It’s an understatement that Lee Livesay is amped up for the next stop on the Bassmaster Elite Series calendar.
“I put a circle and a box, a rectangle, and a parallelogram and a rhombus, five or six stars … everything around that sucker,” the Elite rookie said.
And just where is that derby, Lee?
“Lake Fork, Texas, big bass capital of the world,” he said.
The high anticipation is because Livesay has worked as a guide there the past five years, making about 300 bass fishing trips annually. The largest bass one of his client’s landed was 13.88 pounds, and he has caught a best of 12.89. It stands to reason he’s licking his chops for the May 2-6 Toyota Bassmaster Texas Fest benefiting Texas Parks & Wildlife Department.
“I’m not mad about being on there, for sure,” he said.
While Livesay forecasts plenty of big fish catches, he said the event might be outside the optimal windows to eclipse B.A.S.S. records.
“We’re going to miss the good stuff — a couple weeks early, a couple weeks late — but it’s still going to be good,” he said. “There’s so many big fish in it, we’re going to smash them. It’s not going to be great, great fishing, but there’s so many 4- to 9-pound fish we’re going to have crazy weights.”
Livesay doesn’t think the four-day weight record will be broken, although he’s pretty sure B.A.S.S. will be awarding its first Century Club belts since Lake Falcon in 2013. The overall weight record was set on Falcon in 2008, when six anglers topped 125 pounds, including Paul Elias’ top weight of 132-8.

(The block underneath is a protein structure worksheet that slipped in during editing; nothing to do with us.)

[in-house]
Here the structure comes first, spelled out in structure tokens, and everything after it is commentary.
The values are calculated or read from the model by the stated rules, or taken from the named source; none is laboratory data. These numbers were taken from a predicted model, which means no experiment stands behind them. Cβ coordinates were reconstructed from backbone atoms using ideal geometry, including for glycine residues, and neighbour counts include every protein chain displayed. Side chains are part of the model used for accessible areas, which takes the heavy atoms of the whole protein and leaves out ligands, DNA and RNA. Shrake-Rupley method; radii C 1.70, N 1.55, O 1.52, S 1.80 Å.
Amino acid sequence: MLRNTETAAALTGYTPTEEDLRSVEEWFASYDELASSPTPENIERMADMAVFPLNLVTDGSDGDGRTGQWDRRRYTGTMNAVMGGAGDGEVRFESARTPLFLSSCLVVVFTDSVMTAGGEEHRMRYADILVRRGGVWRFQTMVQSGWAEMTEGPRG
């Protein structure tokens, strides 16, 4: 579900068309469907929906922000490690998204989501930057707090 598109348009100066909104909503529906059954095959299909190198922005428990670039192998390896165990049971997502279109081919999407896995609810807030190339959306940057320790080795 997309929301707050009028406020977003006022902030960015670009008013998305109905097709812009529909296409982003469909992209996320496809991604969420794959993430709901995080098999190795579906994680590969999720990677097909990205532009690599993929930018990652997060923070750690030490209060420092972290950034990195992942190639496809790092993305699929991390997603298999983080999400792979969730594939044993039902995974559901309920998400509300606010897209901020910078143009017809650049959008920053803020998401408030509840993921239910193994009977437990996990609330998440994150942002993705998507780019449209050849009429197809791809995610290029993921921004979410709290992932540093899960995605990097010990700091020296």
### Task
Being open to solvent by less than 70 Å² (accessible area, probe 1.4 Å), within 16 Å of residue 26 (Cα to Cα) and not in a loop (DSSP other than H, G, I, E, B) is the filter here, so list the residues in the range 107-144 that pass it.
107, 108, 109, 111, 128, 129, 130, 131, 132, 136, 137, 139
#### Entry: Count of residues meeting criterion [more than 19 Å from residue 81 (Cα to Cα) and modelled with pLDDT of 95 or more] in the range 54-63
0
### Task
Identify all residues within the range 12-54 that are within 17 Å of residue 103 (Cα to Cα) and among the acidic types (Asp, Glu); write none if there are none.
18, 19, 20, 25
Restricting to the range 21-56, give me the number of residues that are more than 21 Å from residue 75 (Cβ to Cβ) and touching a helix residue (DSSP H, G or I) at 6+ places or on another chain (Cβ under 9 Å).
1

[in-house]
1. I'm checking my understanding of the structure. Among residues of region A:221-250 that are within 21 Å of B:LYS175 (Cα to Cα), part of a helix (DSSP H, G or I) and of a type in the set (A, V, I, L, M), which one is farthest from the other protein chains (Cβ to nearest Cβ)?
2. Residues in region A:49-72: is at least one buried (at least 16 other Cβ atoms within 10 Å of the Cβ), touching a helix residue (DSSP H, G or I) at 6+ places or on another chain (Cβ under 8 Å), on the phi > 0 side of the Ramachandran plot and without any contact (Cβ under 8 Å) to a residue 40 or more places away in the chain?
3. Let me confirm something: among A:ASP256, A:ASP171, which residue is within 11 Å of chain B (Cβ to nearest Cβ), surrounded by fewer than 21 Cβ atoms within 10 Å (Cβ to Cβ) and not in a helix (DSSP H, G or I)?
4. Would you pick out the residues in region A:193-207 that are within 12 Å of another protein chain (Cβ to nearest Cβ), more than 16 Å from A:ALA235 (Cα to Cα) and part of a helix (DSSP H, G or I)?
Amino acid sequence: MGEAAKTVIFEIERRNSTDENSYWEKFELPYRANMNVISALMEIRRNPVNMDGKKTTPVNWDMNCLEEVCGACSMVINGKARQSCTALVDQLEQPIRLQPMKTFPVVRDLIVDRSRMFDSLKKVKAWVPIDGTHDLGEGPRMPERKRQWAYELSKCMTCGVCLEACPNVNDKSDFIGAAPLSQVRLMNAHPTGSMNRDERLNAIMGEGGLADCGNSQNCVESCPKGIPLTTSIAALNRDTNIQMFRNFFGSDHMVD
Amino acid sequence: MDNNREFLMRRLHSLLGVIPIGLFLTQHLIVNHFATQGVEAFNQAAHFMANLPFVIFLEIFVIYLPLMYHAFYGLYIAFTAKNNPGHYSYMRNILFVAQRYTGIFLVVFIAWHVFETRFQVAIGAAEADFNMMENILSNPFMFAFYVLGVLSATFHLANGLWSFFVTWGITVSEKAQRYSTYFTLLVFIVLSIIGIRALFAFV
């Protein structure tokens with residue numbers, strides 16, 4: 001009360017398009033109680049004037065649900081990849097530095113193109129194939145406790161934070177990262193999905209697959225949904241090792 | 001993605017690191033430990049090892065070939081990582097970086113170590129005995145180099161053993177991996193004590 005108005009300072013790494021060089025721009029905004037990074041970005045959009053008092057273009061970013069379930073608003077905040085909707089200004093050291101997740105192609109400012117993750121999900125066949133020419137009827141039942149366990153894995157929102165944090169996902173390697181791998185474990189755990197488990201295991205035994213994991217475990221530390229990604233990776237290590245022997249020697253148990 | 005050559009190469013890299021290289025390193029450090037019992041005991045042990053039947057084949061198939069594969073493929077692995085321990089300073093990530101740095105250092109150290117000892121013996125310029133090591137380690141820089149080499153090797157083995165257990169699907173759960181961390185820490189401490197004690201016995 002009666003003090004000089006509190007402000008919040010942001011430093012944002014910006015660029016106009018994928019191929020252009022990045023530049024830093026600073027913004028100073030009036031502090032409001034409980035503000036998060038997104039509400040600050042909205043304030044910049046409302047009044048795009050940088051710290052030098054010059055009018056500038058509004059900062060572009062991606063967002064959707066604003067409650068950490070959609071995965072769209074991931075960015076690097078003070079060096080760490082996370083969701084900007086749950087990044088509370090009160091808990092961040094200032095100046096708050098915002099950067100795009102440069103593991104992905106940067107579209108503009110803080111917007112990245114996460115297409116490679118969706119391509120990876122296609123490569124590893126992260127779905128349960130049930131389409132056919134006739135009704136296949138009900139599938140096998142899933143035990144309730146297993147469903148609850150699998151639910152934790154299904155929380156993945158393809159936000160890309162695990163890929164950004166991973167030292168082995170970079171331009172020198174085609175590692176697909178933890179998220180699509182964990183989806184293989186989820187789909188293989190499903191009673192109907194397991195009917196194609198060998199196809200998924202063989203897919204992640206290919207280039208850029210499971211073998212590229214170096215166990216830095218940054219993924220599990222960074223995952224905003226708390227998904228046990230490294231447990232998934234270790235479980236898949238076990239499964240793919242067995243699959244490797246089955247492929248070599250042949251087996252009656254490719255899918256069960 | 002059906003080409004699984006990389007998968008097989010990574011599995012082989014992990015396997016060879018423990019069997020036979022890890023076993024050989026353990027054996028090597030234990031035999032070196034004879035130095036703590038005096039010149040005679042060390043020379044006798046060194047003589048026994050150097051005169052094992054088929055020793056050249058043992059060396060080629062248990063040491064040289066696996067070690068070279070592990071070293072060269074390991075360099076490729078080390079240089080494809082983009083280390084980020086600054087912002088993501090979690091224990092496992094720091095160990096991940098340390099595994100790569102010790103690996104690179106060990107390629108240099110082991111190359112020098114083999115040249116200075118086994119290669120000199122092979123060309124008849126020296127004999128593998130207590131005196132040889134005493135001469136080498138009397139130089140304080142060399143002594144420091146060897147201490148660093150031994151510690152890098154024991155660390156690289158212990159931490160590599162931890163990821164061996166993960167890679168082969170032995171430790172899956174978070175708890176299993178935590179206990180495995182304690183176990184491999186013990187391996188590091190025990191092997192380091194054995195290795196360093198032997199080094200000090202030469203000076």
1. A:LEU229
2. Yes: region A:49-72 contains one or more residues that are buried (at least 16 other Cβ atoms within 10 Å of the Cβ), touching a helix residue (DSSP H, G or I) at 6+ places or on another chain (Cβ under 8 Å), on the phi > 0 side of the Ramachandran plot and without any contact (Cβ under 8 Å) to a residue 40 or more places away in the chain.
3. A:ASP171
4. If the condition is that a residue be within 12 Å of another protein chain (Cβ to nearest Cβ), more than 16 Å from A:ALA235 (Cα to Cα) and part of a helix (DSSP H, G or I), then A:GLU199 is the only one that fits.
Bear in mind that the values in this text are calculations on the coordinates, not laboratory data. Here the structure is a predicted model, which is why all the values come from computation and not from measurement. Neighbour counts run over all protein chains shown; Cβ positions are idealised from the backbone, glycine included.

“Wrong timing,” Livesay said. “Right now, two weeks ago, I’d catch 40 pounds every day. When we’re there, nope.”
Lake Fork produced the top weight for a three-day event in the 2014 Toyota Texas Bass Classic, the predecessor of Texas Fest. Behind his 10-14 big bass in his 42-pound bag, Keith Combs totaled 110 pounds to shatter the previous three-day tournament mark by 26-11. Livesay doesn’t think Fork will fish that well this time.
“It’s not like when Combs won TTBC. It’s two weeks later in the month when they were out deep, and it was 7 foot low,” he said. “It was a perfect storm. They had just got out there. Not many of them are going to be deep when we’re there.
“The lake’s high. They had a lot of rain. It’s kinda muddy. It’s going to kinda be off for us, for what it could be, but it will still take 30 pounds a day to win.”
Wait, it’s off a bit but it’s going to take an average of 30 pounds a day? Four times 30 is 120 pounds. Is that right?
“It’s going to take 120 pounds to win,” Livesay said.